OV: Lack of clarity of theme, lack of detail, more often than anything else. I'm not especially interested in poetries about broad concepts such as “memory”, for example, or poems which are really just anecdotes. I really want to emphasise how much I get excited about detail and explicitly experimental languages. But I hate to say what turns me off poetry because it's so specific to each submission.


SQF: Do you provide comments when you reject a submission?

OV: It depends. Sometimes a “no” has no formal, communicable “reason” for being a “no”. I just don't like the poems, whereas I'm pretty sure somebody else would. If the poet is particularly new to writing or really asks for some feedback, then I'll give it. I don't personally expect it myself, because I also know how much work it is for editors. I have RSI from typing as it is. Help.


SQF: Who are a few of your favorite poets, and what is it you like about their works?

OV: I am a huge fan of Toby Martinez de las Rivas. He is a sort of linguistic apocalypse - violent, dense, but also extremely expressionistic and lyrical. When I got my hands on Terror (released in 2014 with Faber) I was literally changed by it. Poetry was just a different thing to me after that. Where are you Toby? Poetry needs you!

At the moment, I am reading a lot of Denise Levertov, and CD Wright. Levertov and Wright are just the kind of poets I read and say, “this”. I'm also going to quickly say that Doug Jones (he has a new collection, London and Norfolk Poems out with Veer books) and Katherine Osborne (likewise, with her Fire Sign from Electric Cereal last year) are just at the top of their games and also lovely people.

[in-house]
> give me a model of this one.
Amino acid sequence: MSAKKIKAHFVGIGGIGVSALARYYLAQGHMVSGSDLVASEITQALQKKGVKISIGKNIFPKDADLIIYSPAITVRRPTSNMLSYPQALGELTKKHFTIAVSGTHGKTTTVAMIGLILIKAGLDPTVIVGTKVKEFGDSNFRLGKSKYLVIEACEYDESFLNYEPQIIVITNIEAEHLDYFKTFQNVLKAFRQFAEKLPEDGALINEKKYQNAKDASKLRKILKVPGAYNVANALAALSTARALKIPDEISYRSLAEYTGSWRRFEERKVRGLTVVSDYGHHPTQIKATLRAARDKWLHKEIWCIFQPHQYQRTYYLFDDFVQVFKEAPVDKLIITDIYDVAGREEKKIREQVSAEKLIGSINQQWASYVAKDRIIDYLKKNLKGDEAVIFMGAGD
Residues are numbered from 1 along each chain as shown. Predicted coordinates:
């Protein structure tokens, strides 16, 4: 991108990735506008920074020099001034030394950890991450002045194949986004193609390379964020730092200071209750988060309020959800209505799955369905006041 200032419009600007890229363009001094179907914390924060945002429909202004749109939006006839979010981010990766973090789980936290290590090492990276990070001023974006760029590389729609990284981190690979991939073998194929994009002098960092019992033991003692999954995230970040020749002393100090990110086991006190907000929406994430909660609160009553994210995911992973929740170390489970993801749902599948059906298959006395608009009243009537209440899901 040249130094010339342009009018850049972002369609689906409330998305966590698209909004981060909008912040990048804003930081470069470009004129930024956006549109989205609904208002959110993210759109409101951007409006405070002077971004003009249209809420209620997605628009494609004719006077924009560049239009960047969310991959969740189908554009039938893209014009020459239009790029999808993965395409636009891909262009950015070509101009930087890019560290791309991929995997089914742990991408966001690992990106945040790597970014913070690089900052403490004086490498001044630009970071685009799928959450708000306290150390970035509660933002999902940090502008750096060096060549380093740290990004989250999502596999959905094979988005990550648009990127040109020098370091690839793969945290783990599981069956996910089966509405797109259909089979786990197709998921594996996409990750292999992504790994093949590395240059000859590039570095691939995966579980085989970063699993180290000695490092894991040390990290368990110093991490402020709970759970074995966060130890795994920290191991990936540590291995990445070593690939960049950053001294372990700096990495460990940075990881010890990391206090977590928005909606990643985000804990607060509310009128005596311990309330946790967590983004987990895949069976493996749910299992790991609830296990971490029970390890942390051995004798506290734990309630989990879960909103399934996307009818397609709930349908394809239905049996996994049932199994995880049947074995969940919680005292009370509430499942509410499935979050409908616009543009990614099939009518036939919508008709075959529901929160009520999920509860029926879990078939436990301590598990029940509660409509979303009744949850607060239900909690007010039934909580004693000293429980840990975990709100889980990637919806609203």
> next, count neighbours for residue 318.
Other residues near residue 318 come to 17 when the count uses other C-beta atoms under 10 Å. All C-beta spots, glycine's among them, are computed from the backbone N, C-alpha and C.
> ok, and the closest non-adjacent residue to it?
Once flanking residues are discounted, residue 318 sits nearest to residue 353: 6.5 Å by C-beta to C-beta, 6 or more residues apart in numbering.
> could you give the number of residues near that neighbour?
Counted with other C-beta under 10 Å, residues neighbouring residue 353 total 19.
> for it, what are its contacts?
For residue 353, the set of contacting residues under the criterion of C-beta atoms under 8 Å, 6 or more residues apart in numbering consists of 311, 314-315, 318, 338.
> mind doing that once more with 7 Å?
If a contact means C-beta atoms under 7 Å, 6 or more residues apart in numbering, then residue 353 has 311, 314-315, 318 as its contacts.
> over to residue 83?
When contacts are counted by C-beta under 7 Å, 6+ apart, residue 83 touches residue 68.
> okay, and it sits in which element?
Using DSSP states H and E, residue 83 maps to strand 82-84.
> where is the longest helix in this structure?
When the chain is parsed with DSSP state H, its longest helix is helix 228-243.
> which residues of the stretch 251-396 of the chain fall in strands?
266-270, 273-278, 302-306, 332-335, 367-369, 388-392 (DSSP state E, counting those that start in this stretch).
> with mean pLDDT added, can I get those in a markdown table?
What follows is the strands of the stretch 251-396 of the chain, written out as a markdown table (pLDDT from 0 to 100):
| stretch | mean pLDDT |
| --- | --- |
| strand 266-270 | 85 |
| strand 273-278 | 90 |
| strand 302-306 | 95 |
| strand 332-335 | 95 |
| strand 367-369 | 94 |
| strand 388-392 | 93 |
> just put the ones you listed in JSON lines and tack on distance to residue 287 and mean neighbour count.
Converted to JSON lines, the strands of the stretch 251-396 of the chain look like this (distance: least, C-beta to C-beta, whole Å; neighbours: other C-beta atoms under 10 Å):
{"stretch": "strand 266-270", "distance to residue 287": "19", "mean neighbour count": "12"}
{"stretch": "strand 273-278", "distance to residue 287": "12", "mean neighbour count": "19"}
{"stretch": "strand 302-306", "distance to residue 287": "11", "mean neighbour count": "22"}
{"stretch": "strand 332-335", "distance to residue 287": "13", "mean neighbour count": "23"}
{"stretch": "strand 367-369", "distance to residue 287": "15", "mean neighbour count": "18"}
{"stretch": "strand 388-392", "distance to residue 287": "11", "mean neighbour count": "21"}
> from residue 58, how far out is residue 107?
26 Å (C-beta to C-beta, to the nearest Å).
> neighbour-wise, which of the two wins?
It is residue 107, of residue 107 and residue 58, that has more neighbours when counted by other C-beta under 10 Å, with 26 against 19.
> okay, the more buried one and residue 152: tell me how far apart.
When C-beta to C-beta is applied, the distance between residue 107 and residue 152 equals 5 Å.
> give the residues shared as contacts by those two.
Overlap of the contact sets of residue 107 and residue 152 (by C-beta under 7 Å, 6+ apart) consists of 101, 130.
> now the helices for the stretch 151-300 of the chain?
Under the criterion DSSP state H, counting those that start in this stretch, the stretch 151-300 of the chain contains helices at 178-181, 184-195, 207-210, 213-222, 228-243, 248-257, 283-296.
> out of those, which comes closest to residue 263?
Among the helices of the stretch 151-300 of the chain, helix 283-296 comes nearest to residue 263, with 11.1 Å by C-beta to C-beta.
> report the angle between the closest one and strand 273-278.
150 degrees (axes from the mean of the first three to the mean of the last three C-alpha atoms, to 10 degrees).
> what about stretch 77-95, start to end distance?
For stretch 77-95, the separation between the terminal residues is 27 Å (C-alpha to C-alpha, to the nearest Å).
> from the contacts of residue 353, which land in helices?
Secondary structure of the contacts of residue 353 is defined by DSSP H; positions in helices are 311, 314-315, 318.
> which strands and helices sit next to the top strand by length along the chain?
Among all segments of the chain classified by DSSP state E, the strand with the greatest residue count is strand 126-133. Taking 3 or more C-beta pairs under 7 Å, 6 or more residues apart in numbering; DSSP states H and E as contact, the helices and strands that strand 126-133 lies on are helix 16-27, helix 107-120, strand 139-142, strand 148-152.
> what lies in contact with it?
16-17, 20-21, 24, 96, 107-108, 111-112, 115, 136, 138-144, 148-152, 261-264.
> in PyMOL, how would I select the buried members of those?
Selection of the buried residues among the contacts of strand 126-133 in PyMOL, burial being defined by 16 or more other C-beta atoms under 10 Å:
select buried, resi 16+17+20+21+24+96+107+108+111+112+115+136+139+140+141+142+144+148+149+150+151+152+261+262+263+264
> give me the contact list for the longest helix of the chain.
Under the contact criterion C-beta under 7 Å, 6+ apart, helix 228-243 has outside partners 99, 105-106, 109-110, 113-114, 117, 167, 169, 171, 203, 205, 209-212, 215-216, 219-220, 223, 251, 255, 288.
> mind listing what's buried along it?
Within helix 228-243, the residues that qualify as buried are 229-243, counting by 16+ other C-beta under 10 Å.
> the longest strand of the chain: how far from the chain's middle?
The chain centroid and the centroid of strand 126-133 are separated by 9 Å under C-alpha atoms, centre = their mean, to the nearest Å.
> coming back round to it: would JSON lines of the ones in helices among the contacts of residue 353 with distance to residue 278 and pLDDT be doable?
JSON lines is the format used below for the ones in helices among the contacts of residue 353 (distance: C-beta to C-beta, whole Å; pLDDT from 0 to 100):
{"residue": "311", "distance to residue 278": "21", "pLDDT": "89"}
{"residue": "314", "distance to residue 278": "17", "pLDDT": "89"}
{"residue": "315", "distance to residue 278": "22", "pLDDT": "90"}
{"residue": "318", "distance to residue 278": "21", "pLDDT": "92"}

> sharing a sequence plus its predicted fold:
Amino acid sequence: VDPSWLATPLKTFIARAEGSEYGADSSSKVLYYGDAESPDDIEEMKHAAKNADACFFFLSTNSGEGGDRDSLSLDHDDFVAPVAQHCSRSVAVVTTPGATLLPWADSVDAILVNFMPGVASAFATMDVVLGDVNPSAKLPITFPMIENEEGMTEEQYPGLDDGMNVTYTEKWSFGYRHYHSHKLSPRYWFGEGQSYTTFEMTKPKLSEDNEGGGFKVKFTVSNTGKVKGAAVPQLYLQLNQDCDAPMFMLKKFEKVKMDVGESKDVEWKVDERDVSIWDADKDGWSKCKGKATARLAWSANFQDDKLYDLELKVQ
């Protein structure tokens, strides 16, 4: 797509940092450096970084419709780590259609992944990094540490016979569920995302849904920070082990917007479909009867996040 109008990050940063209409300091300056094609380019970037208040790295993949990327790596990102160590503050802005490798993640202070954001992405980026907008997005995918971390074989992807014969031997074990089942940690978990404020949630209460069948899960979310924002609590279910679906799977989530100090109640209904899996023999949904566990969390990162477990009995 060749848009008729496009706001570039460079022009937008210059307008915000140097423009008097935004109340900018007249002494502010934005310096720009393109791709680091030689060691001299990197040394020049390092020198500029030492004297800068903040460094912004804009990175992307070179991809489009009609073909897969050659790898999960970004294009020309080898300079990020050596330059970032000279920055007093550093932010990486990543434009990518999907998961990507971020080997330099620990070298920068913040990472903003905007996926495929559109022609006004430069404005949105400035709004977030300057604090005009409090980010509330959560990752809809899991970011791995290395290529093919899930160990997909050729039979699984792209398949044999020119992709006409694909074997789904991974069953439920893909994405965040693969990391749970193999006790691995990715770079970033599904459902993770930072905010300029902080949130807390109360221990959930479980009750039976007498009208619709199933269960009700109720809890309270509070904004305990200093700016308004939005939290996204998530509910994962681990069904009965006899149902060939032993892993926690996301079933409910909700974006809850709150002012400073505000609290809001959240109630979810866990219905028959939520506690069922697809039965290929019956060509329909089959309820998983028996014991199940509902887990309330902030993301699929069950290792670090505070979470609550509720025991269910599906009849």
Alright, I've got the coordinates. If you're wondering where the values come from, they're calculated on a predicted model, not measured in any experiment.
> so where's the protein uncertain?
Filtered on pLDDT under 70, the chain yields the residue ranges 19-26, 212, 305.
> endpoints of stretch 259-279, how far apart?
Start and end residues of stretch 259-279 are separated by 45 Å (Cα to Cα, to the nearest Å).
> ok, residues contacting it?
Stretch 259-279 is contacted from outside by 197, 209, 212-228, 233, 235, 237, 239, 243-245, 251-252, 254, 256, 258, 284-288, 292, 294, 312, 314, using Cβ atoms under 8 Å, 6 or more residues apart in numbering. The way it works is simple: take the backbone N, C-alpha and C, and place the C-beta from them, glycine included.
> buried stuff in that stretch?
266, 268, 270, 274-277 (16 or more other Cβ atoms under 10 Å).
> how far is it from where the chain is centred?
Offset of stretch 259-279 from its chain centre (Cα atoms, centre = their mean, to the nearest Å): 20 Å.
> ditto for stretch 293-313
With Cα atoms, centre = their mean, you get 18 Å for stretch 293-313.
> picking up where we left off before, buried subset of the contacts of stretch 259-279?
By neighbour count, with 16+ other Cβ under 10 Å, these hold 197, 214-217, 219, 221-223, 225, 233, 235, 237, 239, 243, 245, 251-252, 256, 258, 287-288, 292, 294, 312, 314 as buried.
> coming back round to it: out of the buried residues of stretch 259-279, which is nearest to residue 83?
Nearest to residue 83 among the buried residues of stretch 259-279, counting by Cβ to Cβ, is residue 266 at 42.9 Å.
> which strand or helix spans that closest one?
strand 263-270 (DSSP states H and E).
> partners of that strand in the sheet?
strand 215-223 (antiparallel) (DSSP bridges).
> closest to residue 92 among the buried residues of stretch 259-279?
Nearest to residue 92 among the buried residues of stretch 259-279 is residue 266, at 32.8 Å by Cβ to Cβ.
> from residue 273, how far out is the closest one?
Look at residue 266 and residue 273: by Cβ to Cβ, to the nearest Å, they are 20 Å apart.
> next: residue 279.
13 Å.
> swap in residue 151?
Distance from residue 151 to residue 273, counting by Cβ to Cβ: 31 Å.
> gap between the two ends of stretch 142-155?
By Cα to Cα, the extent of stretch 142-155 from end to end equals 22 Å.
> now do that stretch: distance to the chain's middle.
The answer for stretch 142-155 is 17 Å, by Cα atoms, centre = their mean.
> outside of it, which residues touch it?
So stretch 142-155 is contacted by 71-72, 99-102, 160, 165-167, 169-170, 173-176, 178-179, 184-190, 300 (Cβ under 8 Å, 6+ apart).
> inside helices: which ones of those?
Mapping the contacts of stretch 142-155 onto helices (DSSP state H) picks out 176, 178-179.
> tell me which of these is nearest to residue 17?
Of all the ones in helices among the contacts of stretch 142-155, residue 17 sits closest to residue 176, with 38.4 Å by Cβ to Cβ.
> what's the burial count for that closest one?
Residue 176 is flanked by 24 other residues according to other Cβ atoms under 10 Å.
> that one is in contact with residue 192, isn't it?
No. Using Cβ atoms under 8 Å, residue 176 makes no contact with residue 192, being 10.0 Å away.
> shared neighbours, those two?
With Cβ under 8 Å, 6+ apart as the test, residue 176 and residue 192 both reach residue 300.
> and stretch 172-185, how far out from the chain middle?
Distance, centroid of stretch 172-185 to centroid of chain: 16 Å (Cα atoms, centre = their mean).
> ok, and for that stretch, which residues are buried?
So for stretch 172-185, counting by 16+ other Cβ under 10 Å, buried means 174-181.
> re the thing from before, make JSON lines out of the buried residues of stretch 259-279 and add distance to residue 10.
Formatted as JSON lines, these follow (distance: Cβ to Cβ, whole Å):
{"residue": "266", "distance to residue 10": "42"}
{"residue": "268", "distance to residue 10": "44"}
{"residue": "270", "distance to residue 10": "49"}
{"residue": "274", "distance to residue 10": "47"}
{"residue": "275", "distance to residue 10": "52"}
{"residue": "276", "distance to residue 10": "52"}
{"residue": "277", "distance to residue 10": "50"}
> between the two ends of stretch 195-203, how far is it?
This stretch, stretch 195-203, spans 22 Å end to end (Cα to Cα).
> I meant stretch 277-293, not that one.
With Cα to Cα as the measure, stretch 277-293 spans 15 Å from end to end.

SQF: What one question on this topic do you wish I'd asked that I didn't? And how would you answer it?

OV: Sure - “why do you only publish poets under 30?”.

I'd say that you read a lot of press submission guidelines that say, “must have a track record of publications with Serious literary magazines” (okay I don't know if they actually say 'serious', but they certainly imply it). This view becomes increasingly dominant. Poetry can mature, sure, but imagine looking at a sculptor like Lynn Chadwick and saying, Lynn, we're only going to look at the sculptures you made after you hit 50. What about the early things? His sculptures were different at every stage in his life. And so at each stage in your life you think and live and write differently. So you need a space, an echo chamber, to let those different languages appear and percolate, and it doesn't just have to be online. Otherwise you get these very dense traditional poetic spheres swallowing up these already very crowded, limited stomping grounds. I want people to look at the work of young writers and be challenged and transformed by it. I want you to be as excited as I am!

Thank you, Owen. We all appreciate you taking time from your busy schedule to participate in this project.

Friday, April 22, 2016

Six Questions for Lynsey Morandin, Publisher/Editor, Hypertrophic Literary